Conservation consciousness and environmental literacy are key to securing an environmental future for all people, says the minister of Environment, Forestry and Fisheries, Barbara Creecy.
”Conservation consciousness cannot be the exclusive domain of a select and privileged few. It must be a key component of our environmental literacy,” said the minister during her keynote address to the 10th Oppenheimer Research Conference in Midrand.
Raising environmental awareness
The research conference is being held under the theme of “Advancing Conservation Consciousness”, which is important in light of the need to raise the level of national awareness about the environment.
Minister Creecy announced that, following research by the department and the Council for Scientific and Industrial Research (CSIR), the department was exploring the concept of a Citizen’s Environmental Awareness Index based on the results of an annual independent national public environmental awareness survey.
The development of the Index would be a first for South Africa – a country where no previous specific national surveys on the level of environmental awareness among citizens have been conducted. This includes surveys on water and waste services and climate change awareness.
Fighting climate change
On 23 September the minister attended the 2019 UN Climate Action Summit held at the United Nations Headquarters in New York. The summit aimed to boost climate ambition to accelerate action to implement the Paris Agreement on Climate Change and ensure that all nations collectively prevent the mean global temperature from rising by more than 1,5 degrees above pre-industrial levels.
Minister Creecy said she believed that environmental degradation, loss of bio-diversity and climate change are everyone’s issue.
“I believe this because everyone’s lives will be affected by these realities. Each and every one of us needs to understand these processes, so we know what we can do individually and collectively to remedy the situation,” she said.
Developing an understanding of ‘conservation consciousness’ among ordinary South Africans is essential if government is to measure how effective any of its consciousness-raising efforts have been, or will be, said minister Creecy. “What we do know already suggests that we have our work cut out for us,” she added.
The 2018 Afro-barometer survey that tried to establish whether South Africans are prepared to confront climate change found, among other things, that 54% of South Africans had never heard of climate change. While the survey found that particularly rural residents and citizens without a formal education were likely to be unaware of the phenomenon, 37% of people with post-secondary education had also not heard of climate change.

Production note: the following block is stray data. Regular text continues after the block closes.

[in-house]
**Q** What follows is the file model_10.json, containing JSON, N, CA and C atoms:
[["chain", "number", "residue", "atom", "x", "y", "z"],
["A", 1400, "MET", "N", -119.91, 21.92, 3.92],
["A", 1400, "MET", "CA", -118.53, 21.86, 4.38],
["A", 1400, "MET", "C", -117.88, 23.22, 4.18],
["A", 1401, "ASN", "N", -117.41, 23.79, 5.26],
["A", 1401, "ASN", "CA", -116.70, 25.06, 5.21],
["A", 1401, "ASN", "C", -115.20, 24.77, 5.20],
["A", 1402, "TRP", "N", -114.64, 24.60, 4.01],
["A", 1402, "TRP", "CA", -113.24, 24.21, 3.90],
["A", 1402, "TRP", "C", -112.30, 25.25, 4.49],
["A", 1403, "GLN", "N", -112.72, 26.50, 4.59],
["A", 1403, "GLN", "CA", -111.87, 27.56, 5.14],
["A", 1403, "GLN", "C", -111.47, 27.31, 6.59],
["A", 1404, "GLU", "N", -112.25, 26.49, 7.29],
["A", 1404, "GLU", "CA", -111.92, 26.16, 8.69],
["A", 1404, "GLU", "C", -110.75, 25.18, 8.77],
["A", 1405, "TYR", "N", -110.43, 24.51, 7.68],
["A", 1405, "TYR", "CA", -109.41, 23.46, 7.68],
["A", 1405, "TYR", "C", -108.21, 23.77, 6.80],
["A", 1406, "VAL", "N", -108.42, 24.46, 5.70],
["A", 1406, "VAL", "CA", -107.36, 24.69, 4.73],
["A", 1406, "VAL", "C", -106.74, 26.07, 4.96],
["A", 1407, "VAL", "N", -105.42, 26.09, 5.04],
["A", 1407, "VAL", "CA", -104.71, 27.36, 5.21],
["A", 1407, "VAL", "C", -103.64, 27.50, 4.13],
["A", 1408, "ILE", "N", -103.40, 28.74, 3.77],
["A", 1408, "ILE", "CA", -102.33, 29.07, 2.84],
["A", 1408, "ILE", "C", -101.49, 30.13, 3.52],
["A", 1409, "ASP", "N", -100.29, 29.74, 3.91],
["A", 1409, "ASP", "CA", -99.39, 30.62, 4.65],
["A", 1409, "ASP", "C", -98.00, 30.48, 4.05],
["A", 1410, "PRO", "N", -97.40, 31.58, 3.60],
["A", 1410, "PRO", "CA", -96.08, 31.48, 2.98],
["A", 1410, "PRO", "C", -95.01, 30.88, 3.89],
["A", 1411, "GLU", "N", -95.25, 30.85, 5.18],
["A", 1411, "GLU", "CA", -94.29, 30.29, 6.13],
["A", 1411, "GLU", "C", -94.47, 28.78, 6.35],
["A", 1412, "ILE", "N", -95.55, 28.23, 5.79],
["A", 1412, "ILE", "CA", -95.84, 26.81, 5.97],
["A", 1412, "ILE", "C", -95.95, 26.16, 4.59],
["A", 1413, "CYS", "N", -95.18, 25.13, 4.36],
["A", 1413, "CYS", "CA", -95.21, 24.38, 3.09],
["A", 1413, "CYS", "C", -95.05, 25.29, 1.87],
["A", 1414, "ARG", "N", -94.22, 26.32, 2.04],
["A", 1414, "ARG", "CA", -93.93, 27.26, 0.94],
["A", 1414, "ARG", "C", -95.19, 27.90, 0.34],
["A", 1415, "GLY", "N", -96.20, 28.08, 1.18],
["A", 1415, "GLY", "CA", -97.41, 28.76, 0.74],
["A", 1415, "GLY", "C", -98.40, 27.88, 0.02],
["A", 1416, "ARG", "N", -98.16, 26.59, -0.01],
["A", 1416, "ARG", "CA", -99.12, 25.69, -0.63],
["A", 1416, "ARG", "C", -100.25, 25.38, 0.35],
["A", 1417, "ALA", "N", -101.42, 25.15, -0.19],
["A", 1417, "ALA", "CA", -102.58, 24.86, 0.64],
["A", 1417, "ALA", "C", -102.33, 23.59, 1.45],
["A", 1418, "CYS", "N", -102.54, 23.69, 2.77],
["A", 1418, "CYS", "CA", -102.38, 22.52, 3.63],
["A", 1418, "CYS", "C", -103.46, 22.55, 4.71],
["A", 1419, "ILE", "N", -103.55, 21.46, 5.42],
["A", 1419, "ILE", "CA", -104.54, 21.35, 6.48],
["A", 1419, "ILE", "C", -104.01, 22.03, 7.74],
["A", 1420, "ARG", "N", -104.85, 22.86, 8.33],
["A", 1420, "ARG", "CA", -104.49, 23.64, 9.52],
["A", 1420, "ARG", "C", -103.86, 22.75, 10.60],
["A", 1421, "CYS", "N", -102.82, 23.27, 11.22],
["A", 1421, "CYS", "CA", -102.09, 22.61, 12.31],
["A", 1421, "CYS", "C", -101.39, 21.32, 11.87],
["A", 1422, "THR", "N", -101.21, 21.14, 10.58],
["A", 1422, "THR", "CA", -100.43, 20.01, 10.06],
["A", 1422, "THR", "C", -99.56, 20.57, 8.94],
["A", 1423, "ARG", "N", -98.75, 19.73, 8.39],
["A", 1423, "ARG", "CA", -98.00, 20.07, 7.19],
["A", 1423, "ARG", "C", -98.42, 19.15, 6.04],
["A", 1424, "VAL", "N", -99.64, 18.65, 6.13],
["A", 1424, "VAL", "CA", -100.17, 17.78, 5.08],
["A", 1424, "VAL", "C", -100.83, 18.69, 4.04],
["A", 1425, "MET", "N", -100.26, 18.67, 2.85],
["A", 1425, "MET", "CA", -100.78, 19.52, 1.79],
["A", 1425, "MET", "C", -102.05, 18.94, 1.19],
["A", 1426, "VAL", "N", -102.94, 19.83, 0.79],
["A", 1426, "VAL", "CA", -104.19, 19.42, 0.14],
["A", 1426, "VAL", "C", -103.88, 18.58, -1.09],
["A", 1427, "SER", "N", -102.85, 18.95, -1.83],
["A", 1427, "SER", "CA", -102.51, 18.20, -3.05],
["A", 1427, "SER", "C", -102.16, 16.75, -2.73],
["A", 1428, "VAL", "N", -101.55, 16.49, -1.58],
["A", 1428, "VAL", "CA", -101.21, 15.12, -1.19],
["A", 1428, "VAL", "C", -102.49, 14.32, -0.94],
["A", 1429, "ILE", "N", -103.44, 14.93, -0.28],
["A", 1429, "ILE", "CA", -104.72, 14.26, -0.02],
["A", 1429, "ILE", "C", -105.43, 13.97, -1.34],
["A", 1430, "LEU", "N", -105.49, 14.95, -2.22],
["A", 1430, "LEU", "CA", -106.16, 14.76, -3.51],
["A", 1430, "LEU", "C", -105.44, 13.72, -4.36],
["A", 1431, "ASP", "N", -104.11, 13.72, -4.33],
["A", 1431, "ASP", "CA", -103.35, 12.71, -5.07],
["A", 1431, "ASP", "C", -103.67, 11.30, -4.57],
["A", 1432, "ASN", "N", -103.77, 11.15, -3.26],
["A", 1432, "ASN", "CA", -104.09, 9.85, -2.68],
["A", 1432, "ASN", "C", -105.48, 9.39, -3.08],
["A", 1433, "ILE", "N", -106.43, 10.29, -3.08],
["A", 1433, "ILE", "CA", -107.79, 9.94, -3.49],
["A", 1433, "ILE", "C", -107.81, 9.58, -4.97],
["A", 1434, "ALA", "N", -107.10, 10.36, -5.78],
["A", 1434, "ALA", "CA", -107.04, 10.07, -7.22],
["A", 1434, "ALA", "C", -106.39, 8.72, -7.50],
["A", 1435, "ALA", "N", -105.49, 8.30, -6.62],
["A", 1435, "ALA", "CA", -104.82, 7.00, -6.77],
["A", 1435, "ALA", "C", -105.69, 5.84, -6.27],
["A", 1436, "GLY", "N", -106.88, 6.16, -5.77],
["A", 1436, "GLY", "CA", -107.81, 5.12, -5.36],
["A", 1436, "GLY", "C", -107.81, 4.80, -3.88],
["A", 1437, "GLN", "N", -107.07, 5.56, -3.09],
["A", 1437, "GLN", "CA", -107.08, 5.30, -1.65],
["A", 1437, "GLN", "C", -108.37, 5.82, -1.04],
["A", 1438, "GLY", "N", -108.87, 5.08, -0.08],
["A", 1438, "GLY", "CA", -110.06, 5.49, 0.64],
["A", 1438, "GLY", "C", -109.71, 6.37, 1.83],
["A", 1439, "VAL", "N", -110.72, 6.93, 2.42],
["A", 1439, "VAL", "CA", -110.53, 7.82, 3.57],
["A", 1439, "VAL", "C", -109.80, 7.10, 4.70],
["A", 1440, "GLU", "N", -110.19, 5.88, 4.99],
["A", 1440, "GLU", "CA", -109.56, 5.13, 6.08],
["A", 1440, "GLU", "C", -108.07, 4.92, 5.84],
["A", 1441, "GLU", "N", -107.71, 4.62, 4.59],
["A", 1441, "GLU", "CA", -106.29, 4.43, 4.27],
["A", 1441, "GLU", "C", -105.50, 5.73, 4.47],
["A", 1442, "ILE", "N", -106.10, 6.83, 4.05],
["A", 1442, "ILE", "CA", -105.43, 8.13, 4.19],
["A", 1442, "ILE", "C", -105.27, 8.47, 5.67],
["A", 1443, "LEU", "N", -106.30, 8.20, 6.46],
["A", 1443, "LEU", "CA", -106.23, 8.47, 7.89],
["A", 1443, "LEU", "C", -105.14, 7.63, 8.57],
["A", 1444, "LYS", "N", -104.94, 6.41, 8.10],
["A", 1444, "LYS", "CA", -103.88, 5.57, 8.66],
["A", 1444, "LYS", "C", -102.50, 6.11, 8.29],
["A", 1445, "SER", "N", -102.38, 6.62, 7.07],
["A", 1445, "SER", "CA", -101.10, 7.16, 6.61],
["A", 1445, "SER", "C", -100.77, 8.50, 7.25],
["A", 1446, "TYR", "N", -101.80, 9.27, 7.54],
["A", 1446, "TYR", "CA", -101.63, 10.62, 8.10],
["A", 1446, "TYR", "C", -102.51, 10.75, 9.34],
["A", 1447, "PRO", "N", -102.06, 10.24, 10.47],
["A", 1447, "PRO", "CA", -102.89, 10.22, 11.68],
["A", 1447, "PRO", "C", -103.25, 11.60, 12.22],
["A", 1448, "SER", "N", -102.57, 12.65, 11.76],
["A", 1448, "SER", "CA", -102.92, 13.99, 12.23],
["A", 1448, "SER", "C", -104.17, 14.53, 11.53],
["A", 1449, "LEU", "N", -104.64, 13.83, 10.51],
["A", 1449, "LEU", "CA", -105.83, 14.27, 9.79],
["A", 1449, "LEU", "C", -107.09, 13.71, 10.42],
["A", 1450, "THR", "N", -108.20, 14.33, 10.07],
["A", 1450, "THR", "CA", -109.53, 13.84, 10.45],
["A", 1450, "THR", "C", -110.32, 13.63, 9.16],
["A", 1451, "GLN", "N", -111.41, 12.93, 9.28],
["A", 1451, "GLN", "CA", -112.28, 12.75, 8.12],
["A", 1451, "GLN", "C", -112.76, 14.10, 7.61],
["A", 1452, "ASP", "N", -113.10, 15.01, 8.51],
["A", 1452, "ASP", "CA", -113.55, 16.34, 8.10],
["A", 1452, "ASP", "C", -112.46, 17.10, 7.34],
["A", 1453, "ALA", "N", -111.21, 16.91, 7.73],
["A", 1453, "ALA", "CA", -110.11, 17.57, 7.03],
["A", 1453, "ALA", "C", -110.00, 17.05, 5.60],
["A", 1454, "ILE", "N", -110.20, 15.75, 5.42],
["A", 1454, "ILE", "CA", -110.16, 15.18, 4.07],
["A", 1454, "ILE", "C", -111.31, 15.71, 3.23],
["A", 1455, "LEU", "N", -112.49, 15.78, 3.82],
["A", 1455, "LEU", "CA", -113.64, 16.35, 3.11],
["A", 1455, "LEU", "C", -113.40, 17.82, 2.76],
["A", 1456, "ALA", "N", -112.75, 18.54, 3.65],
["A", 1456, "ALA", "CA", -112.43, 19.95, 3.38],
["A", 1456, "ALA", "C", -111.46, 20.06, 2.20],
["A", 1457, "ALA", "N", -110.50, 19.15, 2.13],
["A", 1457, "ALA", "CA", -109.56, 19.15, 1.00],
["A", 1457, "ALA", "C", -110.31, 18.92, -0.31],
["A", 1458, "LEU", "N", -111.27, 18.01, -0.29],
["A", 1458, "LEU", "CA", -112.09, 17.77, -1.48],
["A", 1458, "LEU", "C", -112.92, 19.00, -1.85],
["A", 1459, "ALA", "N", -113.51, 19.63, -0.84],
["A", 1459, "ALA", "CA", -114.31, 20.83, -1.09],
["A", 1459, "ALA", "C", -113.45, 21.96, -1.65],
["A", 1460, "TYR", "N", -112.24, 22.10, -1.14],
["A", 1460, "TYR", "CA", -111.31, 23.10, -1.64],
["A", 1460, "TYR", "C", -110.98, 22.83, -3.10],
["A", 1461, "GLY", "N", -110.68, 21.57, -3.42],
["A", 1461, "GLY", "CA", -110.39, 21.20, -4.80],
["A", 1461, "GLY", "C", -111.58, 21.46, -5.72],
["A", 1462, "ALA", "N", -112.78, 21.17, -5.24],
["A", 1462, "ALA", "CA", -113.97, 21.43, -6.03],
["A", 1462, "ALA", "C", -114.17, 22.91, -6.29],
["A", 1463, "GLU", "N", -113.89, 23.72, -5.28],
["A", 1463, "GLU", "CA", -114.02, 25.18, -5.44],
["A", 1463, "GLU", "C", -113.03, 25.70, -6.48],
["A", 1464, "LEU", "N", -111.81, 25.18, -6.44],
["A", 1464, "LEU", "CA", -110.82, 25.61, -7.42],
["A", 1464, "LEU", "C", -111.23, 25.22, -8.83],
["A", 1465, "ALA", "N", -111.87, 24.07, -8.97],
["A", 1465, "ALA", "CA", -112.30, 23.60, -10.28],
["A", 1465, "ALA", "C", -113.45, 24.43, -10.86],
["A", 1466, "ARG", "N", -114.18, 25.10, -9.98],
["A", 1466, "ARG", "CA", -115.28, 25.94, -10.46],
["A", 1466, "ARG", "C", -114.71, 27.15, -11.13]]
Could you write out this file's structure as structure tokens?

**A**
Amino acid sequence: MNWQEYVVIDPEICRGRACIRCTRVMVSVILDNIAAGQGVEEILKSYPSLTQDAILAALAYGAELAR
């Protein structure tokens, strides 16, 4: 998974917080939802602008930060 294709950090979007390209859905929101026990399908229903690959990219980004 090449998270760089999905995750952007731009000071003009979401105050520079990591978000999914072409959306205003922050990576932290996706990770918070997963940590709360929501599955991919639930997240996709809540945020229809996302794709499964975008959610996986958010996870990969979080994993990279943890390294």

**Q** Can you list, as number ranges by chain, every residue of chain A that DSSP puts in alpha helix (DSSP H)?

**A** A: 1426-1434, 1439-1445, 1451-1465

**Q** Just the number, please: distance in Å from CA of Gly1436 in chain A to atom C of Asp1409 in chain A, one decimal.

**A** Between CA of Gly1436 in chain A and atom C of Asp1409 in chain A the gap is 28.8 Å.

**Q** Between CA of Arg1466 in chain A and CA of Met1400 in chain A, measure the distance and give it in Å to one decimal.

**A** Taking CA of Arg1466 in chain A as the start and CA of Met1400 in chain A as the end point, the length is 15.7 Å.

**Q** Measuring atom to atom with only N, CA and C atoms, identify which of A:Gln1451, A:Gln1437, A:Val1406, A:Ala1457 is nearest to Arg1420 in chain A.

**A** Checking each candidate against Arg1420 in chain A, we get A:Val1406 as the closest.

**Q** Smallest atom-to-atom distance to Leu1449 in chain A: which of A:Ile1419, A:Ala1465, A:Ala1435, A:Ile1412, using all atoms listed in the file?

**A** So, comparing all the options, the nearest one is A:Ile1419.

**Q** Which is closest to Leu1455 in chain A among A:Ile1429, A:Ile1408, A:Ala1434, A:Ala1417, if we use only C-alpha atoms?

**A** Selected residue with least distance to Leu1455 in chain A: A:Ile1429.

This meant that millions of South Africans who are the most vulnerable to the impacts of climate change are the least informed. An additional finding was that although 53% of South Africans who had heard of climate change said it was making life worse, only about half believed it needed to be stopped. Far fewer thought they could do a lot (20%) or even a little bit (15%) to help fight it.
“It is our intention to change this situation. We want all our citizens to understand that climate change, loss of biodiversity and environmental degradation are happening now; that these phenomena are highly undesirable; that we as human beings are primarily responsible and most importantly; that we can do something and we can do it now,” said the minister.
An environmentally literate society
An environmentally literate society is one where everyone has the understanding, skills and motivation to make responsible decisions that consider her or his relationships to natural systems, communities and future generations.
The minister said if one believes that sustainable development is only possible if it is underpinned and informed by an environmentally literate society, then it is not just about making scientific evidence more available, accessible, clear, relevant and reliable for policy-makers. It’s about making it more available, accessible, clear, relevant and reliable for everyone.
Creecy said in the medium to long term, government would only be able to develop and implement progressive environmental policy in a receptive environment.
She emphasised the importance of evidence-based policy-making, saying it was unfortunate that “across the world we are witnessing the blatant disregard and/or arrogant gainsaying of science by some of the planet’s most powerful people”.
“This requires that all of us take steps to re-affirm the centrality of evidence-based policy-making in our own discourse,” she said. It is important to note that evidence is made up of a range of components – not only scientific – and it is never used in isolation”.
The government believed that policies based on evidence were more likely to be better informed, more effective and cost-efficient than policies that are formulated through typical time- and politically constrained processes without evidence input.
The need for societal partnership
“Without abdicating our own responsibility, and running the risk of sounding trite, I want to argue that making environment, biodiversity and climate issues everyone’s issue, is not the work of one government department; it is the work of the nation,” she said.
Minister Creecy called on the research community to identify, explore, forge, create, operationalise, inspire and inform the societal partnerships that are necessary to secure an environmental future for all. – Press release, Department of Environment, Forestry and Fisheries